Spain’s coalition government of the PSOE socialists and left-wing Podemos group approved a plan on Tuesday to make available around 50,000 homes for rent at affordable prices as part of measures aimed at curbing soaring rents and house prices.
The apartments will come from the state-controlled SAREB ‘bad bank’, the acronym of ‘Sociedad de Gestión de Activos procedentes de la Reestructuración Bancaria’, established in 2012 in the midst of the real estate and international financial crisis. It was formed as a result of the agreement between the Spanish and European authorities to create ‘a company responsible for selling and managing the loans and properties of rescued financial entities’.
The SAREB plan follows a much-hailed agreement last week between the coalition parties and their parliamentary supporters of the Catalan pro-independence Esquerra Republicana (ERC) party and the Basque nationalist EH Bildu group, for what would be democratic Spain’s first-ever housing law.
The bill, expected to get full parliamentary approval in the coming weeks, envisages putting a 3% cap on apartment rent increases in 2024 in so-called ‘high-tension areas’ where rents increase most, as well as restricting increases in future years.
As of 2024, rent increases will no longer be linked to the country’s high inflation rate but rather to a new, lower index.
Rents and house prices, alongside unemployment, are considered the biggest problems for people in Spain, particularly young people and low-income families.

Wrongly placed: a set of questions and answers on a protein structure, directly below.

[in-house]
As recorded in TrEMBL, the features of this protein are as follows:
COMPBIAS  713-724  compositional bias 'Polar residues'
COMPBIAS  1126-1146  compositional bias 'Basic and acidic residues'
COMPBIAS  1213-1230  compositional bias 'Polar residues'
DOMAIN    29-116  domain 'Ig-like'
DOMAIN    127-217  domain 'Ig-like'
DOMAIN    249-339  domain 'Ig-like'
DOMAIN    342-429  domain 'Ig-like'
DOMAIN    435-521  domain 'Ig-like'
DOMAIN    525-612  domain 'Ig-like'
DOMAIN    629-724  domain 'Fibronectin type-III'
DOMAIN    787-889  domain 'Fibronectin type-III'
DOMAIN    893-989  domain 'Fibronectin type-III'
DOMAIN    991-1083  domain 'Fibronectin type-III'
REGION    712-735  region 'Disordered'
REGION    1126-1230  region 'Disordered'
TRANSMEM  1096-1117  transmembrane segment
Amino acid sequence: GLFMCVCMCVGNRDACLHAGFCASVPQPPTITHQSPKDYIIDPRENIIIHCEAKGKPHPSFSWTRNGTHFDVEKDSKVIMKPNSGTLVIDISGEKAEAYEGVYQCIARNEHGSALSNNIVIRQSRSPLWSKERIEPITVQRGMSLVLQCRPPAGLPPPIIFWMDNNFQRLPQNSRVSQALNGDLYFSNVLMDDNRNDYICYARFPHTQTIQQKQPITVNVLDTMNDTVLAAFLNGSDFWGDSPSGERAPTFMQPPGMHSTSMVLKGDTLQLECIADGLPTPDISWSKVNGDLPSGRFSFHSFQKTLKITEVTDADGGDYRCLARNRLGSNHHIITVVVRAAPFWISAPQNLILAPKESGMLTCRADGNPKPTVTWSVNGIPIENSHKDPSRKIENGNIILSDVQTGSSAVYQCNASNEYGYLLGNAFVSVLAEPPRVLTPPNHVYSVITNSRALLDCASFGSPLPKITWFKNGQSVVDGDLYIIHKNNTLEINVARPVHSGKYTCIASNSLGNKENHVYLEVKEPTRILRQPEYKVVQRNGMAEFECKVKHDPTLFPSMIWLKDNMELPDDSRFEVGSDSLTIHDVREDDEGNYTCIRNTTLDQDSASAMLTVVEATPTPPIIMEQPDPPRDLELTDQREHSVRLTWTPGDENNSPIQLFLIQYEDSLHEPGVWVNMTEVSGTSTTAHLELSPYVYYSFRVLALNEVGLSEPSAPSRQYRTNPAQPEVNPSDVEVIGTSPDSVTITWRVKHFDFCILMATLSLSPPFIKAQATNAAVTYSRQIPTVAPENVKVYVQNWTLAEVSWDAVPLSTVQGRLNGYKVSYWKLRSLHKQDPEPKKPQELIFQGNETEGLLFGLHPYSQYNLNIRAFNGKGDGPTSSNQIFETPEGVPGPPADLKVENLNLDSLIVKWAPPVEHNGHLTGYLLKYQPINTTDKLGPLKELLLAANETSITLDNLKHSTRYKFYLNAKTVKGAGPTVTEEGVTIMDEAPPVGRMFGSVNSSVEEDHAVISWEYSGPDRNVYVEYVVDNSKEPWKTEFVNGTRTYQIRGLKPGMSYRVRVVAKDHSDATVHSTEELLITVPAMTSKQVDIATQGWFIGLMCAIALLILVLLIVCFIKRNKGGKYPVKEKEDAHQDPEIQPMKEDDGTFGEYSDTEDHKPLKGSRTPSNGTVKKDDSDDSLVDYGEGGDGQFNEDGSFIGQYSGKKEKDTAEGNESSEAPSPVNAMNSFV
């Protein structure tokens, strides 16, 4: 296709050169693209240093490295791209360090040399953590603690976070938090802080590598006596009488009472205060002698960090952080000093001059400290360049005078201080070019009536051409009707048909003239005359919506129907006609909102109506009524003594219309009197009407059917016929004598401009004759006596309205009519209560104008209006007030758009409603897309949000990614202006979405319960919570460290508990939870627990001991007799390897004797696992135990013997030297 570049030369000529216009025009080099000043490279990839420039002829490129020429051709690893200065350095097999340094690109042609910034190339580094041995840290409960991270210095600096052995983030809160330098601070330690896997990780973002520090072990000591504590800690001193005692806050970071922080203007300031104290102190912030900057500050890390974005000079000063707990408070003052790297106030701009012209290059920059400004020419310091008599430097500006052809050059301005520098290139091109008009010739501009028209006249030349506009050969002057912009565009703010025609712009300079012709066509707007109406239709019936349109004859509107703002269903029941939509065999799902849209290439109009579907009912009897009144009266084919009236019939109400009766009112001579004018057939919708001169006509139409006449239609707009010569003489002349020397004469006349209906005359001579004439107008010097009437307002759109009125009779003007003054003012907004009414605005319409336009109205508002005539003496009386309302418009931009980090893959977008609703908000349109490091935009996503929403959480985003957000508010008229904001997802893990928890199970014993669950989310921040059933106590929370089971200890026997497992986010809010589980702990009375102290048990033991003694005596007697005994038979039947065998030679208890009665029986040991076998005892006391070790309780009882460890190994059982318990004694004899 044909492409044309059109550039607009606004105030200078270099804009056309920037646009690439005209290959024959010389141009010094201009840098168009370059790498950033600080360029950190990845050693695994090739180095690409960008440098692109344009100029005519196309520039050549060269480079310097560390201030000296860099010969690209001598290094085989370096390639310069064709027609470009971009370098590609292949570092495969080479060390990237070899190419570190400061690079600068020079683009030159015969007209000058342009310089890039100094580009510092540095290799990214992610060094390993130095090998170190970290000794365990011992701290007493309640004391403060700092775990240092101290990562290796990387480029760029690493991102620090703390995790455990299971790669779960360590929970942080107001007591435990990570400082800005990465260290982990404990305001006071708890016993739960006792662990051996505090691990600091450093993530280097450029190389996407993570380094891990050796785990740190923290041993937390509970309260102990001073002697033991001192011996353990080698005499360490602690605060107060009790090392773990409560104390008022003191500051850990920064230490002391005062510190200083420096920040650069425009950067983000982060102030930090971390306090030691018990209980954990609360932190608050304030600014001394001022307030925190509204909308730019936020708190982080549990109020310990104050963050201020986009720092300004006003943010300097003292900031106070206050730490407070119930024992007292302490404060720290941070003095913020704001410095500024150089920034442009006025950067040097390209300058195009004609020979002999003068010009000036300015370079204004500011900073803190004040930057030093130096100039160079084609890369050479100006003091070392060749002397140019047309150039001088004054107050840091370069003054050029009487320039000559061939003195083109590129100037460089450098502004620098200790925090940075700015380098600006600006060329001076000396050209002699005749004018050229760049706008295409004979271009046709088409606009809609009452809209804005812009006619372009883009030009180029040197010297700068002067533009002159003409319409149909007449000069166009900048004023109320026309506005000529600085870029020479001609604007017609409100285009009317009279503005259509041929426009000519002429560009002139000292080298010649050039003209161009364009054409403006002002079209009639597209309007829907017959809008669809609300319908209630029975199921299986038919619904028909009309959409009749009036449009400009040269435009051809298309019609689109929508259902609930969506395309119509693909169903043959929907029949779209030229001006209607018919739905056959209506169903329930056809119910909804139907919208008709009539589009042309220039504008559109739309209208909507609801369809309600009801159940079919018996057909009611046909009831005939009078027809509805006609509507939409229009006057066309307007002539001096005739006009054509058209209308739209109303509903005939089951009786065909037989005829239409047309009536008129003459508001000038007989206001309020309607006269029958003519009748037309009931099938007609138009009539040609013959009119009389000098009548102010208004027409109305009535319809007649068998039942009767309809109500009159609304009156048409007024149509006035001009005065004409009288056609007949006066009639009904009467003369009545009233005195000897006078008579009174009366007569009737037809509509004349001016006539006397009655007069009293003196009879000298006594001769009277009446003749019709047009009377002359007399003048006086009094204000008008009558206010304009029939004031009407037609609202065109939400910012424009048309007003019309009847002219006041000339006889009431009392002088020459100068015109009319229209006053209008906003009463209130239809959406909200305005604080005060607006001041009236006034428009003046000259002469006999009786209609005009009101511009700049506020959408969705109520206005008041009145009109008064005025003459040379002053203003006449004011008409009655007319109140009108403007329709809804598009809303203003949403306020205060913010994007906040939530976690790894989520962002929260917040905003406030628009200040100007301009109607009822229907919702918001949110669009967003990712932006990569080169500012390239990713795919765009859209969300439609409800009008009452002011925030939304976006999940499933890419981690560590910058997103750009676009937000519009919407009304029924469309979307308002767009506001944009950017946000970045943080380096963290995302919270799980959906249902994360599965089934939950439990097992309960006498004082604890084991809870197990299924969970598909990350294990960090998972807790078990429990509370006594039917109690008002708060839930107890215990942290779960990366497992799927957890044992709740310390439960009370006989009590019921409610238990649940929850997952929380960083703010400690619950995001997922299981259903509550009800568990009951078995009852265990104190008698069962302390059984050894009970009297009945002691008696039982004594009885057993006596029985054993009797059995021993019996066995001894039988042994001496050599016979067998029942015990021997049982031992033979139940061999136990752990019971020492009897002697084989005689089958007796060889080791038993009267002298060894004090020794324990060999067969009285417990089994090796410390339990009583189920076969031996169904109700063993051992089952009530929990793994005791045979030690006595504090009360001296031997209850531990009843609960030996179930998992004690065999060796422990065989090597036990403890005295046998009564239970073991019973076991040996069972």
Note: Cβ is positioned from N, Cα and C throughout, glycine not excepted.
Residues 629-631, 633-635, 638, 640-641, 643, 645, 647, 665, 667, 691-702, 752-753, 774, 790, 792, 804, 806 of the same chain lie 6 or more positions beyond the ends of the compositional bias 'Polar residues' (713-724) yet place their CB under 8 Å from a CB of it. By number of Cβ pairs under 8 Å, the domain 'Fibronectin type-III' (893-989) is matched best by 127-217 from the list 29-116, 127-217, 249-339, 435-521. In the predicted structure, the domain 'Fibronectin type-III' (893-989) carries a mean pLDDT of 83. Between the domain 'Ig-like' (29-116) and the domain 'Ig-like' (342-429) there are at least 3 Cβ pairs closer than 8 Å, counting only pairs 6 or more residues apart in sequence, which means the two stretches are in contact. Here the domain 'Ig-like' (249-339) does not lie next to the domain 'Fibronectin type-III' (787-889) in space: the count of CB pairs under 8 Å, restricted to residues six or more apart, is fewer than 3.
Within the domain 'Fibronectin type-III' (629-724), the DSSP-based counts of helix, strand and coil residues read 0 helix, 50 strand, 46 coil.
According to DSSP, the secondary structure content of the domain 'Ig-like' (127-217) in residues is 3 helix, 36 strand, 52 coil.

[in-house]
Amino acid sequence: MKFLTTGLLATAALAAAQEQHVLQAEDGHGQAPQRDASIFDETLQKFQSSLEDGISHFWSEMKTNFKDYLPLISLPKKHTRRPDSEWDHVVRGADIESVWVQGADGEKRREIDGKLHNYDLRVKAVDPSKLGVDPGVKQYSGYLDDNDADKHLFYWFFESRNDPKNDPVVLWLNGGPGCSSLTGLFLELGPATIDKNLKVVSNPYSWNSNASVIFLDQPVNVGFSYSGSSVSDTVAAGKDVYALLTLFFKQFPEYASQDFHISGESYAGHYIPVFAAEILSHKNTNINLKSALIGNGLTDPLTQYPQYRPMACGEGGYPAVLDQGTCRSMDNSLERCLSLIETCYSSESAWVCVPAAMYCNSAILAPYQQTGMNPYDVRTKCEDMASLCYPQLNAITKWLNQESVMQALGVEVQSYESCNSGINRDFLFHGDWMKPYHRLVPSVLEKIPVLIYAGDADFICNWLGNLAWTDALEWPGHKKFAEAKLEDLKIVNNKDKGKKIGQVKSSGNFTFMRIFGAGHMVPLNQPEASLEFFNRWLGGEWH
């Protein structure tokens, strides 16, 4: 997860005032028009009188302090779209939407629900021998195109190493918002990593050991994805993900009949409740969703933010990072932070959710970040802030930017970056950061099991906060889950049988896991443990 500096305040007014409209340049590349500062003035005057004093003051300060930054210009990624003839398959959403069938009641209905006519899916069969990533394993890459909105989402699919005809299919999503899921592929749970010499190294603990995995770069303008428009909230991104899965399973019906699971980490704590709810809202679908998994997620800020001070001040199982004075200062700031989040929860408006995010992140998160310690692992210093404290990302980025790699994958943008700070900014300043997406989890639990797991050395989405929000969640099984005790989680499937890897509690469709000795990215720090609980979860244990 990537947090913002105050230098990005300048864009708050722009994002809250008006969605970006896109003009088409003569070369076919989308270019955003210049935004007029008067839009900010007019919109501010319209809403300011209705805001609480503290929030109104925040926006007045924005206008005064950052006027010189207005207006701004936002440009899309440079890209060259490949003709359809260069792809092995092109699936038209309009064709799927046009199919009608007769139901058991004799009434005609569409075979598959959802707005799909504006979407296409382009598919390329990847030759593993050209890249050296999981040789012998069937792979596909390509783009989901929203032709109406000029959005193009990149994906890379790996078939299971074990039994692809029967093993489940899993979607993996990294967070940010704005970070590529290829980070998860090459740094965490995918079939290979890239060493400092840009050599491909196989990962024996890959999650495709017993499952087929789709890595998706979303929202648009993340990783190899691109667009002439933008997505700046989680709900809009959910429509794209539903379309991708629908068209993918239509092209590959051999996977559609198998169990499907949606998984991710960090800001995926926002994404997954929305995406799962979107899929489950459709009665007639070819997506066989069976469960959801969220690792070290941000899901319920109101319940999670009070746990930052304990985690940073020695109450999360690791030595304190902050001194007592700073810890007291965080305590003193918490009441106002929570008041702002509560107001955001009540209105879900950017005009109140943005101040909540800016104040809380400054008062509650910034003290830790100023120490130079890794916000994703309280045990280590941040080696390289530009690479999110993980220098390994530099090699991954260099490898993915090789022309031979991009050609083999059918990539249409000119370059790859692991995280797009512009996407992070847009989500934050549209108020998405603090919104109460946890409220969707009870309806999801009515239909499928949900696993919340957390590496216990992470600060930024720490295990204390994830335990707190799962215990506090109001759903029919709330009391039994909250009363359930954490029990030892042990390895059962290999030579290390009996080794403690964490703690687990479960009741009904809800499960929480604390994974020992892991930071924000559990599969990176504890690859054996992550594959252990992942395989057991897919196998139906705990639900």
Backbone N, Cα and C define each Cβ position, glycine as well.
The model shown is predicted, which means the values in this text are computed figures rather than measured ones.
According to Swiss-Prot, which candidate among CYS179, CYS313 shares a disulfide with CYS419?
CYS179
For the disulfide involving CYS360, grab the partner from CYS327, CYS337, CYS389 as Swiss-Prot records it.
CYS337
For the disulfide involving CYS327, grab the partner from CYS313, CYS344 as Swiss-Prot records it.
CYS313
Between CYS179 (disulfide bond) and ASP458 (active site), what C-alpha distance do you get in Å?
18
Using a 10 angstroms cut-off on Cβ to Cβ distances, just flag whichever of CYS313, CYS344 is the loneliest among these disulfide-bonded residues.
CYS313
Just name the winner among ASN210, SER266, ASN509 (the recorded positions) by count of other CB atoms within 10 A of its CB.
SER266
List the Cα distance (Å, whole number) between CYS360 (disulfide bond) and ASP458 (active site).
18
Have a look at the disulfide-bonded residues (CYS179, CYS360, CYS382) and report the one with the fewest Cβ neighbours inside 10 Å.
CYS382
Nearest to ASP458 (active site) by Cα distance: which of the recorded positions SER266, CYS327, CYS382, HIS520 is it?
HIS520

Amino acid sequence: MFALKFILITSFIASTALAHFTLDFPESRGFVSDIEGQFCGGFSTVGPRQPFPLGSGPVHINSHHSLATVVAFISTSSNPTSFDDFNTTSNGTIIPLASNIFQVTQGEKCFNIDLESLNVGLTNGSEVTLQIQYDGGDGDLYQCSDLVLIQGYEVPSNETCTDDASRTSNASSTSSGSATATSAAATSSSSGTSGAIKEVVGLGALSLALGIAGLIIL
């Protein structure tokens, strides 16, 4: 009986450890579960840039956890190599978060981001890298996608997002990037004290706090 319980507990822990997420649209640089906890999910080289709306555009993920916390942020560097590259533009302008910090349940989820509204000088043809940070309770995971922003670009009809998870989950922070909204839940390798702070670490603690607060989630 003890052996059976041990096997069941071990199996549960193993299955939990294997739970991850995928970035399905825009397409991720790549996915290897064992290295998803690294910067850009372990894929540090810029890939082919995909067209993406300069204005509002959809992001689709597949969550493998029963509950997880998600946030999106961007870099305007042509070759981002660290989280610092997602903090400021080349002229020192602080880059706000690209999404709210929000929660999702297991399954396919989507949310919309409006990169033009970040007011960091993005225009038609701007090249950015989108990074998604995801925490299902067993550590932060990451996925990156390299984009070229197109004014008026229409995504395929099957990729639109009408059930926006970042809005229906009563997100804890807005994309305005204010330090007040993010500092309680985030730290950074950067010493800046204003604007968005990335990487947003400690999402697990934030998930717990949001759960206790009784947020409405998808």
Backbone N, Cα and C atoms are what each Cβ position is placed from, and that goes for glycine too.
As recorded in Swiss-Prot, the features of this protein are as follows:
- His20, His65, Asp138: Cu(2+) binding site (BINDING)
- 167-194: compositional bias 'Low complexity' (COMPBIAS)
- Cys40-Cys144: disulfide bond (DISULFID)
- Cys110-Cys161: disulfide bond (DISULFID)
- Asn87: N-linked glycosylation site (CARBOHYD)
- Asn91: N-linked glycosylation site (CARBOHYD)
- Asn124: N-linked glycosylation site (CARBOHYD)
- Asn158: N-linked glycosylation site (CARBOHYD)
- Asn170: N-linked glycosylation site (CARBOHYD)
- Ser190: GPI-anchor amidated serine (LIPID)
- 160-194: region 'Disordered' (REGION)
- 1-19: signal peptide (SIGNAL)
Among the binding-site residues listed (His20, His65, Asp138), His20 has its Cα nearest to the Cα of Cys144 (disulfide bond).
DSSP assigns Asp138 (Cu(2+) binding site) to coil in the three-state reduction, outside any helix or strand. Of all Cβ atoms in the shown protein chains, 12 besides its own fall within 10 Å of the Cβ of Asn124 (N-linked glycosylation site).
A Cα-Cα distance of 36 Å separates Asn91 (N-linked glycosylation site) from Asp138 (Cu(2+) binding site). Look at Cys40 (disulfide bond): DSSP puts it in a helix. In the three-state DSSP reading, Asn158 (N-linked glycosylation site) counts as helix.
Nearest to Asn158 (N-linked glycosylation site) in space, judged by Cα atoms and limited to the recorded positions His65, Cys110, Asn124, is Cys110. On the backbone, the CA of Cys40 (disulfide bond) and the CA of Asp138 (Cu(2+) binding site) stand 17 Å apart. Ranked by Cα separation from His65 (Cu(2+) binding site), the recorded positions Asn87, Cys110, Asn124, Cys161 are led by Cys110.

‘It is a major problem because housing in Spain is a constitutional right, but not a real one,’ socialist Prime Minister Pedro Sánchez said at a political meeting Sunday. He said young people often had to wait too long to be able to leave their family homes and get a place of their own.
The measures come just over a month before municipal and several regional elections that will be seen as a test for the government in a general elections due by the end of the year.
Spain has one of the European Union’s highest average emancipation ages as high rents coupled with poor salaries and uncertain job conditions prevent many young from leaving their parental homes.
Spain put a 2% cap on rent increases last year as rents soared due to high inflation. Landowners have traditionally used the inflation rate to decide on increases. The proposed housing bill also toughens eviction regulations.
The government said it was making 21,000 SAREB properties available to regional and city authorities. It will press for controlled social rents in 14,000 other properties already inhabited and use land owned by the SAREB to build 15,000 new apartments with controlled rents.
Sánchez promised to increase public housing from less than 3% to 20% of all housing, but didn’t give a time frame for this. The EU average is 9%.
But it remains to be seen how effective the measures will be. Under Spain’s political system, housing and education are basically in the hands of regional governments. But many regions and cities, including Madrid, are run by the right-wing People’s Party (PP), which opposes the new law, claiming it interferes in the free market.
Tras impulsar la primera Ley de Vivienda de la democracia, el próximo martes en el Consejo de Ministros movilizaremos hasta 50.000 viviendas de la SAREB para alquiler asequible.— Pedro Sánchez (@sanchezcastejon) April 16, 2023
50.000 viviendas para los jóvenes y las familias de nuestro país.#ElGobiernoDeLaGente pic.twitter.com/awdvE9wbgB